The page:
In the movie Cast Away (2000), Tom Hanks’ character Chuck is on a plane that crashes and finds himself relatively unharmed, alone, in a life raft. The raft washes onto the shore of an uninhabited island. He quickly learns to provide for his basic survival needs–food, water, shelter, fire. But he soon realizes that surviving means something more than having just the most basic of physical needs met. Several FedEx boxes wash up on the same shore; Chuck opens one that has a “Wilson” volleyball in it. He paints a face on the ball and begins to talk with Wilson as a real person. As the movie moves forward, Wilson becomes more and more of a real character. One of the most touching scenes in the movie is when Chuck has built a raft and he and Wilson are out at sea. Wilson blows off the raft and is moving away from Chuck and the raft. Chuck risks his life trying to save Wilson, crying out desperately for him. And when he cannot get to him he sobs, “Wilson, I’m sorry! Wilson!!”
Cast Away provides a powerful metaphor of our very human need for community. We are not, and cannot be, discrete individuals detached from those around us. And yet, community does not happen simply because we are surrounded by people. Urban loneliness is a serious and growing problem. Community needs to be crafted and nurtured; despite our need for it, it does not appear to be our default setting.
Colleges and universities, especially those rooted in the liberal arts, often use the language of “community” in their mission and vision statements. The mission statement of Lenoir-Rhyne University, where I teach, begins the last sentence with: “As a community of learning,…” We also have a statement of core values that includes care. That we are “a community that cares about one another” or “we are like a family” is likely our greatest selling point for both parents and students.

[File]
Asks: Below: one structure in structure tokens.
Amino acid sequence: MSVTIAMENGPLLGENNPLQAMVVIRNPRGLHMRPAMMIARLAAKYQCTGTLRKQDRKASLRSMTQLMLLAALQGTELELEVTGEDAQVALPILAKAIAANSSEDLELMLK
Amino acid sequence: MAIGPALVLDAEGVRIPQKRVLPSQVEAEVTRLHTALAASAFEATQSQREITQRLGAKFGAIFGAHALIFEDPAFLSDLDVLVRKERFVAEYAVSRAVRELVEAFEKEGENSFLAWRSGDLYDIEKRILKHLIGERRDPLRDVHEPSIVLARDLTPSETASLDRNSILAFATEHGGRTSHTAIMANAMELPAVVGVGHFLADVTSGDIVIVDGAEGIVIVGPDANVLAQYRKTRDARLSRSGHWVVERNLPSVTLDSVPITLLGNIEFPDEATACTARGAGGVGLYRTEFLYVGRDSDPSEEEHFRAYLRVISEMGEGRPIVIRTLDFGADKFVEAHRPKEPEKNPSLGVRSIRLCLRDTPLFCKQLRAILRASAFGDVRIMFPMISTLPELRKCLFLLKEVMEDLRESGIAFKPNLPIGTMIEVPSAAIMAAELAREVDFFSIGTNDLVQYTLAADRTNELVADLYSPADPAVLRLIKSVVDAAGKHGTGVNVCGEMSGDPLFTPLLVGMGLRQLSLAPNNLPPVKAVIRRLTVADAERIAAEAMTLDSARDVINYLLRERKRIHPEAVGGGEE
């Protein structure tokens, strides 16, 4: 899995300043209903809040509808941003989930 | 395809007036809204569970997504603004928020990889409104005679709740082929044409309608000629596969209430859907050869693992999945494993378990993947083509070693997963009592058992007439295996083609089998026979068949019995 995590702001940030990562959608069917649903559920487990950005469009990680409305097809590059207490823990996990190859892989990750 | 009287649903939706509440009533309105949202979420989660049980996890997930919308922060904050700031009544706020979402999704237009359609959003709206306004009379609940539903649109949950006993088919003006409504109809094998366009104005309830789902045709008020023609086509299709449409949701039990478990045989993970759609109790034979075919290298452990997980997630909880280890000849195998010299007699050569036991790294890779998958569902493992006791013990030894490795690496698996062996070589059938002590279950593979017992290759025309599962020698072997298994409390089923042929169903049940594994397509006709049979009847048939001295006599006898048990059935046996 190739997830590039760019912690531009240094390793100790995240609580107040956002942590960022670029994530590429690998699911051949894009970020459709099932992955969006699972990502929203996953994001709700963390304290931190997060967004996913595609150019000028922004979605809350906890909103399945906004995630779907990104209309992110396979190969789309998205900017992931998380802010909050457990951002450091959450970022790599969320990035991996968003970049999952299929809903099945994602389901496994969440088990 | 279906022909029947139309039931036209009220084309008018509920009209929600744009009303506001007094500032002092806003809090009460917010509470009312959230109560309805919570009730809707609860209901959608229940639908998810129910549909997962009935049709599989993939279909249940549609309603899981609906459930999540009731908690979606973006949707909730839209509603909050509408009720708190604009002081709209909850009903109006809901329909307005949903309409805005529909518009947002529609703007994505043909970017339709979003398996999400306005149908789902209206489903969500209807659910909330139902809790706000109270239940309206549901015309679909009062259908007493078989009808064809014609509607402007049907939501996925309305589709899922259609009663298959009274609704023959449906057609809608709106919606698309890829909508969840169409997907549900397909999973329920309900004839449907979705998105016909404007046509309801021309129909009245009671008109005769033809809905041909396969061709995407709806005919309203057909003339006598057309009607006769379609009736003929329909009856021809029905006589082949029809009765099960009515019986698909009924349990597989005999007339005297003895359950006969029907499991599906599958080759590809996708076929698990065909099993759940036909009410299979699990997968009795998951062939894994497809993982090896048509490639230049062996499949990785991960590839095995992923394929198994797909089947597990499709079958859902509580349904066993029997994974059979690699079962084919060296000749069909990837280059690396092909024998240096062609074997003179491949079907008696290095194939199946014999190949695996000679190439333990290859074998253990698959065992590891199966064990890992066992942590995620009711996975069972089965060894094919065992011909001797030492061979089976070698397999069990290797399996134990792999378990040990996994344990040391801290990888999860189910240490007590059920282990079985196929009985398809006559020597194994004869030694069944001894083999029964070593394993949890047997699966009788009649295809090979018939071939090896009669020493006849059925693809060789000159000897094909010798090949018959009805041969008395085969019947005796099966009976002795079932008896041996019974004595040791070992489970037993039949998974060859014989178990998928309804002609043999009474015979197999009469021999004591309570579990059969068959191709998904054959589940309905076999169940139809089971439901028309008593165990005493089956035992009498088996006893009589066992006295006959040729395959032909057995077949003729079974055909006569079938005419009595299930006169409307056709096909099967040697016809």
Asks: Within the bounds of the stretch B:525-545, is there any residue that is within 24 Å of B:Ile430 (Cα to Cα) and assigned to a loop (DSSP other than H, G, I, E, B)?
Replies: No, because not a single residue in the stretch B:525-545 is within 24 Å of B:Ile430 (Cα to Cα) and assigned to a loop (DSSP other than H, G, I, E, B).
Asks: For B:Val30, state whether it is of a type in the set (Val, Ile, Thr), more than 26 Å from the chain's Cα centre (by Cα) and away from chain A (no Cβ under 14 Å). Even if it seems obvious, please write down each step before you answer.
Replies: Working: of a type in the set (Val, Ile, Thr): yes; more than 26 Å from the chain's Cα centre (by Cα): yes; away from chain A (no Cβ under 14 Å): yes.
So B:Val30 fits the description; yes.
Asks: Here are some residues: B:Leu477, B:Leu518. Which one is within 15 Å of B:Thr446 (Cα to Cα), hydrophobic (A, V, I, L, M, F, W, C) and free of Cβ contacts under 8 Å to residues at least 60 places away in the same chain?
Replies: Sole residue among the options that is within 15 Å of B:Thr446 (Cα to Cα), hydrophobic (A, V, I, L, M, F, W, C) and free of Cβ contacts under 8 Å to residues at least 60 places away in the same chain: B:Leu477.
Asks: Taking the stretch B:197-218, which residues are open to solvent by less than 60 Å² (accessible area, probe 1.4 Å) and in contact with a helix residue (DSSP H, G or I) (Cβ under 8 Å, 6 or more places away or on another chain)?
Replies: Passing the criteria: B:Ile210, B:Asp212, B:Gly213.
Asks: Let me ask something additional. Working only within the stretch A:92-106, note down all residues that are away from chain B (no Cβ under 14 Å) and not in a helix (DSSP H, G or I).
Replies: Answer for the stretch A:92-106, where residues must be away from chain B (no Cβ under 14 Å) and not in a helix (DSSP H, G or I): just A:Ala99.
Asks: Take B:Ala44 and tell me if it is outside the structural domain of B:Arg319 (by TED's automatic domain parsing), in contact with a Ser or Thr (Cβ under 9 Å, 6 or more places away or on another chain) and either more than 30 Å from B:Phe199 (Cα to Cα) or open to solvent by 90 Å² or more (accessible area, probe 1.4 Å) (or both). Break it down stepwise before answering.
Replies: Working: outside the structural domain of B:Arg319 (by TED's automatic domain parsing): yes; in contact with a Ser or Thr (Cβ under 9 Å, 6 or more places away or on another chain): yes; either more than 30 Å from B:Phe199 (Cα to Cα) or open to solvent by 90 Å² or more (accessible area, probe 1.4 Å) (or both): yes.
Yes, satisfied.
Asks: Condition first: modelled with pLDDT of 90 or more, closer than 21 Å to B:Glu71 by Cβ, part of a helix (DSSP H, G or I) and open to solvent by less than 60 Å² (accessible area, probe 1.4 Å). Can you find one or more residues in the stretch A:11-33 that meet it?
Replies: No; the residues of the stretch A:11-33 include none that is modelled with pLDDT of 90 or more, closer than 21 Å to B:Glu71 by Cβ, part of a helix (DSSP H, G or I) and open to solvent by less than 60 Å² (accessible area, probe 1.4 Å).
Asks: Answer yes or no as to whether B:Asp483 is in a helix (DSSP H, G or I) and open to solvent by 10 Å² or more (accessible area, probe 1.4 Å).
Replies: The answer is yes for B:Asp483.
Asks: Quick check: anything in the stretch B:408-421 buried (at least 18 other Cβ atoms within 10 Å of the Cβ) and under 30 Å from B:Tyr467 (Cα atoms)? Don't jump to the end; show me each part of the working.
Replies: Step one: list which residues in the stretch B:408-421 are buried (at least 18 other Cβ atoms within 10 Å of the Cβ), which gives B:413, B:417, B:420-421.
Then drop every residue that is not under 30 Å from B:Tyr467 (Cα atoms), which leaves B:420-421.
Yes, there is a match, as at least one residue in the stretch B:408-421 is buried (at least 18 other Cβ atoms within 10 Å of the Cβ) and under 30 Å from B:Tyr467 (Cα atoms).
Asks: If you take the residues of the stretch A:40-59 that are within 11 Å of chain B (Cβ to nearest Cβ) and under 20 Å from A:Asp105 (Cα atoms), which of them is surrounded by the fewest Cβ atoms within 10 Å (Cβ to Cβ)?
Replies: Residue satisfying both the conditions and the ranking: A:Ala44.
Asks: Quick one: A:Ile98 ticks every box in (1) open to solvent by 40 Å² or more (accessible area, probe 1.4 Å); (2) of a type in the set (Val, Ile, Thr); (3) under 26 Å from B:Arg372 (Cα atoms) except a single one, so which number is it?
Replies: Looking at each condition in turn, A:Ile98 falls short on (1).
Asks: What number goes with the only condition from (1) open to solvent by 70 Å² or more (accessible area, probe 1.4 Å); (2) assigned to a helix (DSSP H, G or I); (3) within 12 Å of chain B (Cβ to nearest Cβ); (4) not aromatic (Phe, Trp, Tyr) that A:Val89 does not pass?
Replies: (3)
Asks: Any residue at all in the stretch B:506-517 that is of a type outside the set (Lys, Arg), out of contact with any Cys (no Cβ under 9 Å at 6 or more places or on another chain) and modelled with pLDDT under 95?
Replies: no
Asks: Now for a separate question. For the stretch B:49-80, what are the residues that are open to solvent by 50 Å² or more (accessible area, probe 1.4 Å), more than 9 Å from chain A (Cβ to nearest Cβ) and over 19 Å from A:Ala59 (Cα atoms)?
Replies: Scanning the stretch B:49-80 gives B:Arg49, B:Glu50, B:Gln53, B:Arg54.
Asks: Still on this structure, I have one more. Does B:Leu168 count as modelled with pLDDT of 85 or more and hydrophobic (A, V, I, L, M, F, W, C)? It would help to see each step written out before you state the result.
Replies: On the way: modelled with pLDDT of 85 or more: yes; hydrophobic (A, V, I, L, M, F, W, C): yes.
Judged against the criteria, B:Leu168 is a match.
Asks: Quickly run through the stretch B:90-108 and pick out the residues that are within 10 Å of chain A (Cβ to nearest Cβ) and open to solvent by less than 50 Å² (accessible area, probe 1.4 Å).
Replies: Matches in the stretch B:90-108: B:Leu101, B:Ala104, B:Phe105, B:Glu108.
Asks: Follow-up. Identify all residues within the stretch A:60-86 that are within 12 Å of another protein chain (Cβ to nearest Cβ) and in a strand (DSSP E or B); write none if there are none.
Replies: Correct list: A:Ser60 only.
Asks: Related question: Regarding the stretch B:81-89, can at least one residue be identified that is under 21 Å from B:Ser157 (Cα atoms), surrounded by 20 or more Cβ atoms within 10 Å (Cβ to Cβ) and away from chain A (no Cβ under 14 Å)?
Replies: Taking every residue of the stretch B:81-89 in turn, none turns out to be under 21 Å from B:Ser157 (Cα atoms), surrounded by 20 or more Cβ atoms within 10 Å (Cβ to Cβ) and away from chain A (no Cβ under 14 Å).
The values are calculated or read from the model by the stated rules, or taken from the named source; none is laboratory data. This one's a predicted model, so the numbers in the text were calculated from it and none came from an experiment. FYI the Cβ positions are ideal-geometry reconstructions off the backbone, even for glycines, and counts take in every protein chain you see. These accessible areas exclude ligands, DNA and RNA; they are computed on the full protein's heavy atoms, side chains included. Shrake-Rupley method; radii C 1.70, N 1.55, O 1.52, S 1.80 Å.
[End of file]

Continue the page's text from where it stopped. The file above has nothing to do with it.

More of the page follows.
And though I think there is plenty of room to call into question the genuine commitment to community of any institution of higher education (we are, after all, still businesses in a society that privileges profits over people), that isn’t my goal here. Instead, I want to begin with the assumption that we do, indeed, strive to build and to be genuine places of community. Then I want to consider how that is made more difficult by a combination of pandemic and our own social values–the very values we, as institutions of higher education, often successfully inculcate in our students.
Sociologist Ray Oldenburg has suggested that communities are best formed in what he calls “third places.” First places are private places like our homes; second places are public but formal places like work. Third places–coffee houses, public parks, community groups of voluntary association–are neutral ground which can minimize the hierarchies in place in first and second places and invite us to “do life” together. For Oldenburg this is the key to civic engagement and political life.